March 20, 2014 Articles

Foreign Law Securities Fraud Claims in U.S. Courts after Morrison

Despite the 2010 landmark case, there is still a role for the common law in the vindication of investor rights

By Matthew L. Mustokoff and Margaret E. Onasch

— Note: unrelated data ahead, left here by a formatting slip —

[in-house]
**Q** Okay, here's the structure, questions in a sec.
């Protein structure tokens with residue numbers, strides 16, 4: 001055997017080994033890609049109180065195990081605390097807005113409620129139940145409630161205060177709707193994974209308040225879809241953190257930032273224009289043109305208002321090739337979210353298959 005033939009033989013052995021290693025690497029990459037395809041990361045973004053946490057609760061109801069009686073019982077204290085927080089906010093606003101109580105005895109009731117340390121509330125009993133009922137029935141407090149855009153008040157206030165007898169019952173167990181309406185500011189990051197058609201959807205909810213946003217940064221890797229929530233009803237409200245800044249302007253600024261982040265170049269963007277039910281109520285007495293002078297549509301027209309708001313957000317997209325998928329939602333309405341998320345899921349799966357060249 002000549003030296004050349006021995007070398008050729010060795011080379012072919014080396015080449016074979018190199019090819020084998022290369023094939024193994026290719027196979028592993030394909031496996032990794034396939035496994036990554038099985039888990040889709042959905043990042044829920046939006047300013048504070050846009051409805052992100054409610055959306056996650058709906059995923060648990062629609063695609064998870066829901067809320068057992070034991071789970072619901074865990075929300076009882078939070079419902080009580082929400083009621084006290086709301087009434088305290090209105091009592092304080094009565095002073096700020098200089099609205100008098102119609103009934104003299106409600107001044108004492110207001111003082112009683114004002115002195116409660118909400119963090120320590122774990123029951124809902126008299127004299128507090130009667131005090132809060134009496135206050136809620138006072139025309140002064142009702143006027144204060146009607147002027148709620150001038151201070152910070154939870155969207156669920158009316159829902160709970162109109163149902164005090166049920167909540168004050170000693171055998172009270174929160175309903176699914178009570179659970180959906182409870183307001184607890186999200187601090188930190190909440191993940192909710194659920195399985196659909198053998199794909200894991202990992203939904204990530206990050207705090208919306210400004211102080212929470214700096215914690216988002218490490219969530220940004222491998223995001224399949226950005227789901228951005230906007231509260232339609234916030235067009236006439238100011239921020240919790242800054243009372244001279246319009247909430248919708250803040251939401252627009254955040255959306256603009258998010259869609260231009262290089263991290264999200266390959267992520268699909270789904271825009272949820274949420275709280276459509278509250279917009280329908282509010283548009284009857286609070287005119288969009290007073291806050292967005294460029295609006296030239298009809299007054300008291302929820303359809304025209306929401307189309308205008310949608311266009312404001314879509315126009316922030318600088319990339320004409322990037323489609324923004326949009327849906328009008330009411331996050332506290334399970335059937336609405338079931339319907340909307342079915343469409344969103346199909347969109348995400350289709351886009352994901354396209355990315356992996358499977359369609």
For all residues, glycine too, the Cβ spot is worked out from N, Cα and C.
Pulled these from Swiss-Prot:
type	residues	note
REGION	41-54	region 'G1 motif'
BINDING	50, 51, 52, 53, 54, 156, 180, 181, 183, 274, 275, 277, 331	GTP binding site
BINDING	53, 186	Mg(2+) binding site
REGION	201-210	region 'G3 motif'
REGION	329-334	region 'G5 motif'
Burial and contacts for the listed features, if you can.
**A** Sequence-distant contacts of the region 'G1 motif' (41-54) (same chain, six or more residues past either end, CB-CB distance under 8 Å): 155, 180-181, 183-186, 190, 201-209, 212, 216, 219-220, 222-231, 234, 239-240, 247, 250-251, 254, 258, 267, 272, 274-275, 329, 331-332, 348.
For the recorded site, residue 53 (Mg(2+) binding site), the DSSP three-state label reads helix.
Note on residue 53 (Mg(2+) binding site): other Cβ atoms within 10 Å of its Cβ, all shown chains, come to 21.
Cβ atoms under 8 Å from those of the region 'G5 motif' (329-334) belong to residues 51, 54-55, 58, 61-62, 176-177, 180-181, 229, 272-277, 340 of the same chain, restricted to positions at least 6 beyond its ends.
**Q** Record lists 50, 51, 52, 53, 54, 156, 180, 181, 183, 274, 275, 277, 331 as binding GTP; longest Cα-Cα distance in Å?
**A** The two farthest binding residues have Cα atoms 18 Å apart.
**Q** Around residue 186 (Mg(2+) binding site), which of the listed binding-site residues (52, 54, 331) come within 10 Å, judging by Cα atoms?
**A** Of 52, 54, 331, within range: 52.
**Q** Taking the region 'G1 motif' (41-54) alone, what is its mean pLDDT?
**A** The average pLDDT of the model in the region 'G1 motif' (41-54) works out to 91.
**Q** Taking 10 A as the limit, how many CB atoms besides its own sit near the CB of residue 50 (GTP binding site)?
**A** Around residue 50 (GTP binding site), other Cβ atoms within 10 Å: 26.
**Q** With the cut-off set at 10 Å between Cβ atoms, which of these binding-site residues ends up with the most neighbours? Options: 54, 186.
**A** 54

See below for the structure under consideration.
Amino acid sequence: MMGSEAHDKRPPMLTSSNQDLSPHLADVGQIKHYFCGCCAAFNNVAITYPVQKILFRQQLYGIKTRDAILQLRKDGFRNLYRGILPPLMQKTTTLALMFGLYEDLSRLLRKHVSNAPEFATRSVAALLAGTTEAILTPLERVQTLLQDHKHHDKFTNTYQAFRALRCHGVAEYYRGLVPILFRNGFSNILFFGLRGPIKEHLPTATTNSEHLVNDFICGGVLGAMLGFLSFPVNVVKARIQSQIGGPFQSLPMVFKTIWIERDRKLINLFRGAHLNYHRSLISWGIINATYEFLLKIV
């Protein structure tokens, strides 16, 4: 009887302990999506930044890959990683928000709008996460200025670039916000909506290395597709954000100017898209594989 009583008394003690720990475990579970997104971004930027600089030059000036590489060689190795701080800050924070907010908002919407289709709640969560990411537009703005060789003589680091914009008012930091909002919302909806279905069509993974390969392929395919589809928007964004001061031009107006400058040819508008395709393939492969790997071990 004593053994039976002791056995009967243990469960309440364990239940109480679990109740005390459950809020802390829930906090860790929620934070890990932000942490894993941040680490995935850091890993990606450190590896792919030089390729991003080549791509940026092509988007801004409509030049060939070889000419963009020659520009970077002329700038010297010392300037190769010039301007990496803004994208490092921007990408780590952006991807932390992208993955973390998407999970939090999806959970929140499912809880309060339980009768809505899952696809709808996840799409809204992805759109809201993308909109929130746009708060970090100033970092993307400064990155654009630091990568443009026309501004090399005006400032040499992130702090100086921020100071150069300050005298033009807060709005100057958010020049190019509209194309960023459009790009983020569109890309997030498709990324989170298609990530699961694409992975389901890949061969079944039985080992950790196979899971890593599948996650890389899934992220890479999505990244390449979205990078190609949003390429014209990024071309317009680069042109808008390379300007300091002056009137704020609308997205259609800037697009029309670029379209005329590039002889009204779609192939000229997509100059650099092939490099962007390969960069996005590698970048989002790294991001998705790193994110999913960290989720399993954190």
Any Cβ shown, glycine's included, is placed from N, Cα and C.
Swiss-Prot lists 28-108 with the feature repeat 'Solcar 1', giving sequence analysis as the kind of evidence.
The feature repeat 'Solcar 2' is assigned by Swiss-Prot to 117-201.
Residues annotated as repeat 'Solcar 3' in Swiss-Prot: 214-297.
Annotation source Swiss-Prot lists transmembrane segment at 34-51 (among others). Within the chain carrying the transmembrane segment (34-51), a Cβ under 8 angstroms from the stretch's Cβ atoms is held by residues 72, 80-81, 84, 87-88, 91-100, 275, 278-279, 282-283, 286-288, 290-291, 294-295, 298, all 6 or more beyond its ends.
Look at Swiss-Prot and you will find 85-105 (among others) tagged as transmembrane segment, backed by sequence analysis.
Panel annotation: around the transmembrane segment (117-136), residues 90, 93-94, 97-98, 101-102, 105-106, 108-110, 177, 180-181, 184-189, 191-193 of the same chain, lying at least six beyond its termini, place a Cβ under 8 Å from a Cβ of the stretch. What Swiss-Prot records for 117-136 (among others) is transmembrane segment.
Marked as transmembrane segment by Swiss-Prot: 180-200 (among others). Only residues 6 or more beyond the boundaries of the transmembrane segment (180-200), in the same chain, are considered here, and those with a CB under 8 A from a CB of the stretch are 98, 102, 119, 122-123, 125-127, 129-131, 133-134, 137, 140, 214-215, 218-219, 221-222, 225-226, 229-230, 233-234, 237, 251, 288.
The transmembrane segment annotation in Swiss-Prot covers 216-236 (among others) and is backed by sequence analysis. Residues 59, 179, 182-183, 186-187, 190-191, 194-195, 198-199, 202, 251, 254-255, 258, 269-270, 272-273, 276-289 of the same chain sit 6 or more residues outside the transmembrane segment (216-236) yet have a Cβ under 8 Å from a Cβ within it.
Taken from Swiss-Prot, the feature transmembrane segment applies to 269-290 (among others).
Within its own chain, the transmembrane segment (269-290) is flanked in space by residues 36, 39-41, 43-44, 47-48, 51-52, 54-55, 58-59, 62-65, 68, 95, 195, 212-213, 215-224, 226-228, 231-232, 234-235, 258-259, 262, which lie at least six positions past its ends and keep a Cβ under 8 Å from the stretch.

The U.S. Supreme Court’s 2010 decision in Morrison v. National Australia Bank Ltd., 130 S. Ct. 2869 (2010), dealt a landmark blow to investors who purchase securities on non-U.S. exchanges, holding that the antifraud provisions of the federal securities laws do not apply to losses suffered in overseas transactions. As a result, the U.S. courts have effectively been closed to these investors. Recently, however, one district court refused to cede its jurisdiction in a case involving foreign-listed securities given the case’s other connections to the United States. District Court Judge Keith Ellison of the Southern District of Texas issued a milepost decision in the BP Deepwater Horizon oil spill litigation in which the court sustained common-law fraud claims premised on shareholder losses on the London Stock Exchange. In re BP p.l.c. Secs. Litig., MDL No. 10-md-2185, Civ. Act. No. 4:12-cv-1837 (S.D. Tex. Sept. 30, 2013). The decision illustrates that there is still a role for the common law in the vindication of investor rights after Morrison.

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